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Invasive Species

Invasive Species

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Invasive Species

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  1. Invasive Species Insects and Diseases Module 3

  2. Asian Longhorn Beetle (Anoplophora glabripennis)

  3. Statistics • Over 100 introduced species of insects in North America

  4. Identification • Body 20-35 mm long, 7-12 mm wide • Shiny black with up to 20 white dots arranged in parallel lines • Antennae longer than body • Legs black, tinged with a whitish-blue colour

  5. Identification • Adult exit holes • ‘dime’ sized

  6. Identification • Large larvae

  7. Characteristics • Adults feed on leaves and bark of fine branches • Female chews laying pit in bark which may leak frothy sap • Young larvae feed on green inner bark for 8 to 10 months

  8. Similar Species White-spotted sawyer Asian longhorn beetle

  9. Impacts

  10. Beech Bark Disease(Nectria coccinea var. faginata)

  11. Identification • Beech scale insects are: • Yellow soft-bodied insects • Adults 0.5-1mm long • The insects secrete a wooly white wax

  12. Identification • Fruiting bodies

  13. Infected and dying beech trees show signs of stress Characteristics

  14. Impacts • beech scale insects weaken trees • mortality does not occur until Nectria invades tree • mortality 3-6 years after scale infestation • in Pennsylvania the first wave of disease: • killed 50% of Be >25 cm dbh • 25 % lived but were infected by Nectria • 25% showed some resistance

  15. Management Methods • There are no controls for Beech Bark Disease • Stands with a high % of Be are highly vulnerable • Manage for beech bark disease only if there is disease • Beech trees can be infected by beech scale but not by the exotic Nectria canker

  16. Management Methods • prioritize trees for salvage • mark trees heavily infested with scale • Mark overmature trees, and trees with evidence of decay, broken tops or other wounds • retain some trees for habitat • this will not effect the spread or impact of the disease • don’t transport infected firewood or logs to unaffected areas

  17. Brown Spruce Longhorn Beetle(Tetropium fuscum)

  18. Location

  19. Characteristics

  20. Oak Wilt(Ceratocystis fagacearum )

  21. Oak Wilt

  22. Oak Wilt

  23. Oak Wilt

  24. Butternut Canker(Sirococcus clavigignenti juglandacearum)

  25. Range Map

  26. Identification • Young, annual cankers are elongated, sunken areas commonly originating at leaf scars and buds

  27. Identification • Peeling the bark away reveals the brown to black elliptical areas of killed cambium

  28. Identification • Older, perennial branch and stem cankers are often found in bark fissures or covered by bark • Can be bordered by successive callus layers

  29. Cankers develop anywhere on a tree, but are most common on the main stem, at the base of trees and on exposed roots. Butternut is the only known natural host killed by the fungus. The fungus can survive on dead trees for at least 2 years. Characteristics

  30. Impacts • 80% decline of Bn in some states • Harvesting has accelerated in Ontario • Butternut is an important mast species • there are no known controls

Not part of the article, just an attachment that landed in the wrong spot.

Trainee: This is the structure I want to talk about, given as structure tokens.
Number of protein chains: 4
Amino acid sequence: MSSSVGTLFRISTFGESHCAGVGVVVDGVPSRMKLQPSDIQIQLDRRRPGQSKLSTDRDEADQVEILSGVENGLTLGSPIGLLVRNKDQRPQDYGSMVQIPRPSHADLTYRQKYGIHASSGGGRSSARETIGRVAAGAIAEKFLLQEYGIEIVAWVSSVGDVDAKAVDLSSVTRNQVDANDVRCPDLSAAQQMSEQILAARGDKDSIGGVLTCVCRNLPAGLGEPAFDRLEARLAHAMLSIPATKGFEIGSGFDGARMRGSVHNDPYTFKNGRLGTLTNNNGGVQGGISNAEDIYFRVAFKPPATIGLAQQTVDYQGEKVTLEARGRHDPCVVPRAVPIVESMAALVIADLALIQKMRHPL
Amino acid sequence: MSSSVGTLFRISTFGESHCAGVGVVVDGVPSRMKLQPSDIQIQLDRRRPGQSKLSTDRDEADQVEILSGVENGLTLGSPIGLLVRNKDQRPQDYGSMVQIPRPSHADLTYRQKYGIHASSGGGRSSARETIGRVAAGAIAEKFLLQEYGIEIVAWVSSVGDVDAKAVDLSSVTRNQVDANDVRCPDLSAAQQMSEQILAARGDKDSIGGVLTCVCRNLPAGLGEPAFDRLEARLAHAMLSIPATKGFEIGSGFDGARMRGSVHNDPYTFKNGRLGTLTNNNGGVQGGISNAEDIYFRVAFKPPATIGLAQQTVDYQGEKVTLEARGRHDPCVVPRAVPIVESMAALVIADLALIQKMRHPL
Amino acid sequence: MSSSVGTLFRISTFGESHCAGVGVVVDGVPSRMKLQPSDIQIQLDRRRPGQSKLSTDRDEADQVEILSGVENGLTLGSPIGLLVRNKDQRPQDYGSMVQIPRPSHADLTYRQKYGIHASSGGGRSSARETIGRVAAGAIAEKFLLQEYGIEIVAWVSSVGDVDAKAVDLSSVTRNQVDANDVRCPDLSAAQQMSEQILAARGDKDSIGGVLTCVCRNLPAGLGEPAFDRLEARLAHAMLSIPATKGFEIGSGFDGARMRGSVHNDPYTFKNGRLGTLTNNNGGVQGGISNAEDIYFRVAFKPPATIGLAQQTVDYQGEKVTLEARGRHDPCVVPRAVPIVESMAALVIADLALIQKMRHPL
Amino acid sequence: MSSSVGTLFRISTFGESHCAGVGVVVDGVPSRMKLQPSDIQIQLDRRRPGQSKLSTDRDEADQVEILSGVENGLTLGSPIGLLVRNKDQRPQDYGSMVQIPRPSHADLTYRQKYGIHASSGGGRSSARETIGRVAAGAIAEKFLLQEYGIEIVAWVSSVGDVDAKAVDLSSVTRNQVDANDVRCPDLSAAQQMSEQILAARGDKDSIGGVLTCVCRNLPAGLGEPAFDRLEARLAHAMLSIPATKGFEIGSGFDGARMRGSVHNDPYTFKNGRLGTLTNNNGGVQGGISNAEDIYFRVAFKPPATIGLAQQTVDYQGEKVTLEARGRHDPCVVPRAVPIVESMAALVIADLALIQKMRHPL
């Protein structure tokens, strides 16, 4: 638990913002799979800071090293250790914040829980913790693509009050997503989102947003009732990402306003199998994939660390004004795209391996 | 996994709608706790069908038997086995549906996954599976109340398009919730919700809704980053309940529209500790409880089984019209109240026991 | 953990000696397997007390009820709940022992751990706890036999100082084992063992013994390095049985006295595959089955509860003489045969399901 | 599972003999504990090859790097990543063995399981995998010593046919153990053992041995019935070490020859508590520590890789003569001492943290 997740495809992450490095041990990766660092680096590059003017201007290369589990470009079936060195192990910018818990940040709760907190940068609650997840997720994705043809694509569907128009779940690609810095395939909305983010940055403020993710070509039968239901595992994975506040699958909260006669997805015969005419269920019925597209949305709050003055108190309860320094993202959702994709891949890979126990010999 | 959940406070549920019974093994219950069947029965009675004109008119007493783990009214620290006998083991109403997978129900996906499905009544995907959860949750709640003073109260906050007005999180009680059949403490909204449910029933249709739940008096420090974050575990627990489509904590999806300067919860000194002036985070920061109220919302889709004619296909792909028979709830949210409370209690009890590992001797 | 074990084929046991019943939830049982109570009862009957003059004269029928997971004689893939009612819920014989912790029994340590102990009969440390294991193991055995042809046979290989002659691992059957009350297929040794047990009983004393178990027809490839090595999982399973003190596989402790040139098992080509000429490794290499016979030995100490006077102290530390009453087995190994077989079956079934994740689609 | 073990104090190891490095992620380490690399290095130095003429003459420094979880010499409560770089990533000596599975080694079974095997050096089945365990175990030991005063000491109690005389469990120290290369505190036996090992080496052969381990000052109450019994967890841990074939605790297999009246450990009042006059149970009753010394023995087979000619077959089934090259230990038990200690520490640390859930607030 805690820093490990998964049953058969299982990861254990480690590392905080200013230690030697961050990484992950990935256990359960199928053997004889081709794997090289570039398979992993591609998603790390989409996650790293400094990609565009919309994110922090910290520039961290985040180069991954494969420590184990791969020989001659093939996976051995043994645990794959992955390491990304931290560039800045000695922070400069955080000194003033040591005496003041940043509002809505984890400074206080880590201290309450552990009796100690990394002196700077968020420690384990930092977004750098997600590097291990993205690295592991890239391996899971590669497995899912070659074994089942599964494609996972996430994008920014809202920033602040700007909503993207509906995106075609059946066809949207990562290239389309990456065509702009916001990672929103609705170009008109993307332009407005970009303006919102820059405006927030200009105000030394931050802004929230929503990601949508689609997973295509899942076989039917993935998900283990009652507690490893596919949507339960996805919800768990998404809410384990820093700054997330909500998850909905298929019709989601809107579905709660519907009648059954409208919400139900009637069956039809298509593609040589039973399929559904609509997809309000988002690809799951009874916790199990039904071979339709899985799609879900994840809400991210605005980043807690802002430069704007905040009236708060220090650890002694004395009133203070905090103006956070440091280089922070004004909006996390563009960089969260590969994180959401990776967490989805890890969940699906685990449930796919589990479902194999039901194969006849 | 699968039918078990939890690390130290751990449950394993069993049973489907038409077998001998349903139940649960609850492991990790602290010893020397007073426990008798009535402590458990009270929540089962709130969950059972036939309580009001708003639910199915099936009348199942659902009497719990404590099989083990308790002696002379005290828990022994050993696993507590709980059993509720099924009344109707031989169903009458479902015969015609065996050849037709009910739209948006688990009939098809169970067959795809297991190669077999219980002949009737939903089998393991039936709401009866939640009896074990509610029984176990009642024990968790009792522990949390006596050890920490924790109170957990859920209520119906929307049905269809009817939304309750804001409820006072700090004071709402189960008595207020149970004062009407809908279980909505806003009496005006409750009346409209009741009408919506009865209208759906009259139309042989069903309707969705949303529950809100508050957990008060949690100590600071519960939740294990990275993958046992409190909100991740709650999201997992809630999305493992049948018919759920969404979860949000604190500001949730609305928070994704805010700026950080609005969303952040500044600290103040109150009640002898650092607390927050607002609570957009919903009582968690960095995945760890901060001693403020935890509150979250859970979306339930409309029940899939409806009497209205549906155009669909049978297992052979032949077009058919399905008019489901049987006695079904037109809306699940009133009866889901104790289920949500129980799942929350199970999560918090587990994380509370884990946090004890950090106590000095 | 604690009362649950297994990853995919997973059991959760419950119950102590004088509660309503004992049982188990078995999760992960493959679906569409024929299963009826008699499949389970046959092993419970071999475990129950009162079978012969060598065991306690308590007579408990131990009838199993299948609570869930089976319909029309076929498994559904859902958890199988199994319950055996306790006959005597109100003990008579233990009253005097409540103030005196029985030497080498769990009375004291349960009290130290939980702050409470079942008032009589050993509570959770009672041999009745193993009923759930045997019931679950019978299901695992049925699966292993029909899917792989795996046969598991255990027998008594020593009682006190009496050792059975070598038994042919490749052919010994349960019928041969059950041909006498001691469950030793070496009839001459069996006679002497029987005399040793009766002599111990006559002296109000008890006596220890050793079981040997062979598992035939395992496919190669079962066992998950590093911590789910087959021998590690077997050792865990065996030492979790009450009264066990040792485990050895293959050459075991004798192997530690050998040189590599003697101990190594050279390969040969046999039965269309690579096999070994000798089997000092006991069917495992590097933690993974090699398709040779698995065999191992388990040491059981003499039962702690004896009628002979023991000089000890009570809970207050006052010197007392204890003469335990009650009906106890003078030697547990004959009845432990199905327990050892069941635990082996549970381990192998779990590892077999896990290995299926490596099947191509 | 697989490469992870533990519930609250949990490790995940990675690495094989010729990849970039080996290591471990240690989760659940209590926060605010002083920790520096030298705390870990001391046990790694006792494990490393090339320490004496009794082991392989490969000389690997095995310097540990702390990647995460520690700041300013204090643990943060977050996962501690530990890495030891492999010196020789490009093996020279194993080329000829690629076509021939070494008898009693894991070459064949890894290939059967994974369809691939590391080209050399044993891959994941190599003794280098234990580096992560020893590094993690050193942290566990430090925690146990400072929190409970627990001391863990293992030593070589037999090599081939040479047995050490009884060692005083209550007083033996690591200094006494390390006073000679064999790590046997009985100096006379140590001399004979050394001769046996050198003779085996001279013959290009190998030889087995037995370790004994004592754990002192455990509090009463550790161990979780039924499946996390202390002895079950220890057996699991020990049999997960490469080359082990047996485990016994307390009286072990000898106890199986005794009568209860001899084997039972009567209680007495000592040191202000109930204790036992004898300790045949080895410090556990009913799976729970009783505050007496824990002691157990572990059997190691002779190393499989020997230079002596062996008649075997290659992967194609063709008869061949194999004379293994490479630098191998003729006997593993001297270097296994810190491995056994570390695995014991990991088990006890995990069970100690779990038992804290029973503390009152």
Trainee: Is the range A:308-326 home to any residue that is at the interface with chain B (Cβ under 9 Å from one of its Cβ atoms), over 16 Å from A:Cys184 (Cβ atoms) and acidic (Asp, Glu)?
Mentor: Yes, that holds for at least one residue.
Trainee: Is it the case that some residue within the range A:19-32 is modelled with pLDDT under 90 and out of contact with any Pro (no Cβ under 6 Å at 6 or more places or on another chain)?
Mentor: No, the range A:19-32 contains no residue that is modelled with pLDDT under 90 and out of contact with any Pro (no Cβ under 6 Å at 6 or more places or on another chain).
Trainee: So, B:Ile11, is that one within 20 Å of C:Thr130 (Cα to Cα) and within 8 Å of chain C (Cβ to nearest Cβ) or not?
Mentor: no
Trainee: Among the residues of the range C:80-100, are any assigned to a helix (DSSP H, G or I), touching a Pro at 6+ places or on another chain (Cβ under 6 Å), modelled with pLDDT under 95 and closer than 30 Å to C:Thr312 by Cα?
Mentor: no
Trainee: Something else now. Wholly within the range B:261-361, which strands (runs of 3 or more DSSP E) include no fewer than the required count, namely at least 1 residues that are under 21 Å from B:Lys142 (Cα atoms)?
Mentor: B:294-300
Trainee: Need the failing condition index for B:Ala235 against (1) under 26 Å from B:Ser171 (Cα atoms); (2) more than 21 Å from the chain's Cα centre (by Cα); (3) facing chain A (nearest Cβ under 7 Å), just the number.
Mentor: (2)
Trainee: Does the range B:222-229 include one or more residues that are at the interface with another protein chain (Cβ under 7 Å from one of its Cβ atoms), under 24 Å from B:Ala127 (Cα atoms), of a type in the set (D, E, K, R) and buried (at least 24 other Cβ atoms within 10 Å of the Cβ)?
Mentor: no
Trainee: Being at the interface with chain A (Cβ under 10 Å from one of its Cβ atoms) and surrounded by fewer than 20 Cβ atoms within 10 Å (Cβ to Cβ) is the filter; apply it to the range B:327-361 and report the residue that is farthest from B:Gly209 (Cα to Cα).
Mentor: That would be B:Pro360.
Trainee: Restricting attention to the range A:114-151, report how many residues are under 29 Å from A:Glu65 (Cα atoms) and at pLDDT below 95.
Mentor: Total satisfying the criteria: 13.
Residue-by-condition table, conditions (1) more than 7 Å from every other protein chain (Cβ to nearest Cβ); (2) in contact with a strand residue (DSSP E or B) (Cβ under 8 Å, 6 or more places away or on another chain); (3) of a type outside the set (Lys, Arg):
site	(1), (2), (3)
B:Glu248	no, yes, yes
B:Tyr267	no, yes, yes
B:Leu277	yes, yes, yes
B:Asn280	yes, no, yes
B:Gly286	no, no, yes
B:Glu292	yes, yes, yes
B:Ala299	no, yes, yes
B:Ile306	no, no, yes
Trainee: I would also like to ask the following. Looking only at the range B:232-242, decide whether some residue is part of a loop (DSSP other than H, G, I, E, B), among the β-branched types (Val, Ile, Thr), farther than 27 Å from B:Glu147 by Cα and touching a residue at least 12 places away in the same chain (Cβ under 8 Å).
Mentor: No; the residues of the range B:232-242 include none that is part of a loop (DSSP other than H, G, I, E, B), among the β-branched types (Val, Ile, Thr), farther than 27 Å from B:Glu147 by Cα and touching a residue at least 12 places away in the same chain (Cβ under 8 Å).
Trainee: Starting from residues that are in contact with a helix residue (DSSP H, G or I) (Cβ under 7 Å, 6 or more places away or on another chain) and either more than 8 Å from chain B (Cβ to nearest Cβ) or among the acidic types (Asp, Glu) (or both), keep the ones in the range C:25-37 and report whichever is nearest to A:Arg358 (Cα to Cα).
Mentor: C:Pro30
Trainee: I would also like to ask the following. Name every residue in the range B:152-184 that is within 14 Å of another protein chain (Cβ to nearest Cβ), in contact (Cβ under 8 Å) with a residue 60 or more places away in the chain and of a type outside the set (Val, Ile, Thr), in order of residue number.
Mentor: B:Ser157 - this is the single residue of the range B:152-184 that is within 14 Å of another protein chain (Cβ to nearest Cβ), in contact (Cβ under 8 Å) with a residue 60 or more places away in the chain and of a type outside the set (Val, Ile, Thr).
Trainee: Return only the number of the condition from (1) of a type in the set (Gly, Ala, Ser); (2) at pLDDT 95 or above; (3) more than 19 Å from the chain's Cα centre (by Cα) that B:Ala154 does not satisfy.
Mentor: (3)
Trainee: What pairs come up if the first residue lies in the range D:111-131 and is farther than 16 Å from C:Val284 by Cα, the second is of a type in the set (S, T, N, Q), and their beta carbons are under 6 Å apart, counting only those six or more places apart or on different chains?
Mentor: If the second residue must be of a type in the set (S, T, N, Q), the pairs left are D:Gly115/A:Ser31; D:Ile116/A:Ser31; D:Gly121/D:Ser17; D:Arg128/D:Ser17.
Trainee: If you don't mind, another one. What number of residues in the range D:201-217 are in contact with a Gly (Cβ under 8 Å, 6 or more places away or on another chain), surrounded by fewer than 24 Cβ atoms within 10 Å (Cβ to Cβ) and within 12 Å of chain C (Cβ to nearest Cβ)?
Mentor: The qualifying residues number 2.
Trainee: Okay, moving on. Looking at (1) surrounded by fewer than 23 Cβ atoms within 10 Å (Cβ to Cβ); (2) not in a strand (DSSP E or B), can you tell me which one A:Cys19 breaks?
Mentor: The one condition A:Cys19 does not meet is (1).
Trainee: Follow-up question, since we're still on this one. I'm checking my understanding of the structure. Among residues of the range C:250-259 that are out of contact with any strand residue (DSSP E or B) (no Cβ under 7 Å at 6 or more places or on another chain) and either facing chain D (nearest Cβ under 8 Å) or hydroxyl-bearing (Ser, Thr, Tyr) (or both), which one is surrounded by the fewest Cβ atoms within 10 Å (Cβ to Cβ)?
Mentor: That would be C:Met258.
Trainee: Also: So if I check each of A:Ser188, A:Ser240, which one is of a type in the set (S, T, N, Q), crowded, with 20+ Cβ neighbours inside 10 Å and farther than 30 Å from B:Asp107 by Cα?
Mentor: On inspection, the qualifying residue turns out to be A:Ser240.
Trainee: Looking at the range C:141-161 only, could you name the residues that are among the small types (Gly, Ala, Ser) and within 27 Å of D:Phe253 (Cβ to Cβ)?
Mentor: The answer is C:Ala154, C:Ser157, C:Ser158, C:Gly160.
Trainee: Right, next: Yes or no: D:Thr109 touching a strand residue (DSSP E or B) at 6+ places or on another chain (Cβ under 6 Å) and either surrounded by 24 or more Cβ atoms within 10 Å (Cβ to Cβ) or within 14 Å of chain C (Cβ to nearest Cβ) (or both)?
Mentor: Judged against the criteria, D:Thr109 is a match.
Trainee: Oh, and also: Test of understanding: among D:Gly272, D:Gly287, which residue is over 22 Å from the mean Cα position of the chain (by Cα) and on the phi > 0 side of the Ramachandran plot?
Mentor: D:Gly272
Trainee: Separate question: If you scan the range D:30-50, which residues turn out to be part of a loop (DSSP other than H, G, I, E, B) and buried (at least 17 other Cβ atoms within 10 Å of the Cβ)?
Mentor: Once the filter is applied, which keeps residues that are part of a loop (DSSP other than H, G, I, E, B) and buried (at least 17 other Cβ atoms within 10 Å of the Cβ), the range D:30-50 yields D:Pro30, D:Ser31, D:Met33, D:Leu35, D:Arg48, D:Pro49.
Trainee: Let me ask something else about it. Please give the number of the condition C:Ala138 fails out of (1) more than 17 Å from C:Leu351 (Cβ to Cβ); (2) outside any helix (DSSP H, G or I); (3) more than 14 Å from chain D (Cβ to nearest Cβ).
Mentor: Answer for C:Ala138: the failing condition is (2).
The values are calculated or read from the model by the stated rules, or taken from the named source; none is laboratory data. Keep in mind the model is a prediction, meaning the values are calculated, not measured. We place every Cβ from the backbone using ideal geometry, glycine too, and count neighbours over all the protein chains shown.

31. Management Methods Preserve trees which show some signs of resistance • mark and retain trees • with >70% live crown and • < 20% circumference of stem infected by canker

  32. Chestnut Blight(Cryphonectria parasitica)

  33. Characteristics • fungal spores enter through cracks or wounds in the bark • the fungus forms sunken cankers which girdle the tree • tree dies above the canker • infected trees often resprout only to go through it all again

  34. Impacts • once extremely common • chestnut is now all but eliminated • In the first 40 years of the 20th century, blight destroyed 3.5 billion American chestnuts.

  35. Dutch Elm Disease (Ophistoma ulmi)

  36. Identification • branches and stems infected by DED fungus show dark streaks of discoloration • cut through a dying branch to expose outer rings of wood

  37. Identification • wilting of leaves • leaves yellow and brown

  38. Identification • Spread by bark beetles European Native (smaller) and European (larger) Elm bark beetles

  39. Economic Impact • Elm was widely planted as a street tree in towns and cities • Millions have been spent removing dead Elm and treating infected Elm

  40. Emerald Ash Borer(Agrilus planipennis)

  41. Emerald Ash Borer • Still unsure of life cycle in NA • Can kill an ash tree in 1 year

  42. Emerald Ash Borer • Larvae girdle tree • Trees often resprout below girdled area

  43. Emerald Ash Borer • Wood quarantines in place • Aggressive control measures

  44. Gypsy Moth(Lymantria dispar)

  45. Introduction How it came to Ontario: • the adult moths can travel 5-15 miles per year • egg cases are often transported by cars and campers far greater distances • larvae climb trees and are carried by wind considerable distances Ballooning

  46. Identification

  47. Calendar of gypsy moth activity

  48. Characteristics Preferred food includes: • Oak, Apple, Birch, Manitoba Maple, Hawthorn, Basswood, Poplar and Willow • will eat just about any plant material including pines, grass and vegetables

  49. Impacts • defoliation is a stress to a tree • defoliation drastically changes the forest habitat • less shade, drier conditions • defoliation of weak trees or repeated defoliation may remove Oak from some stands • Oak may be weakened and not produce as much mast for wildlife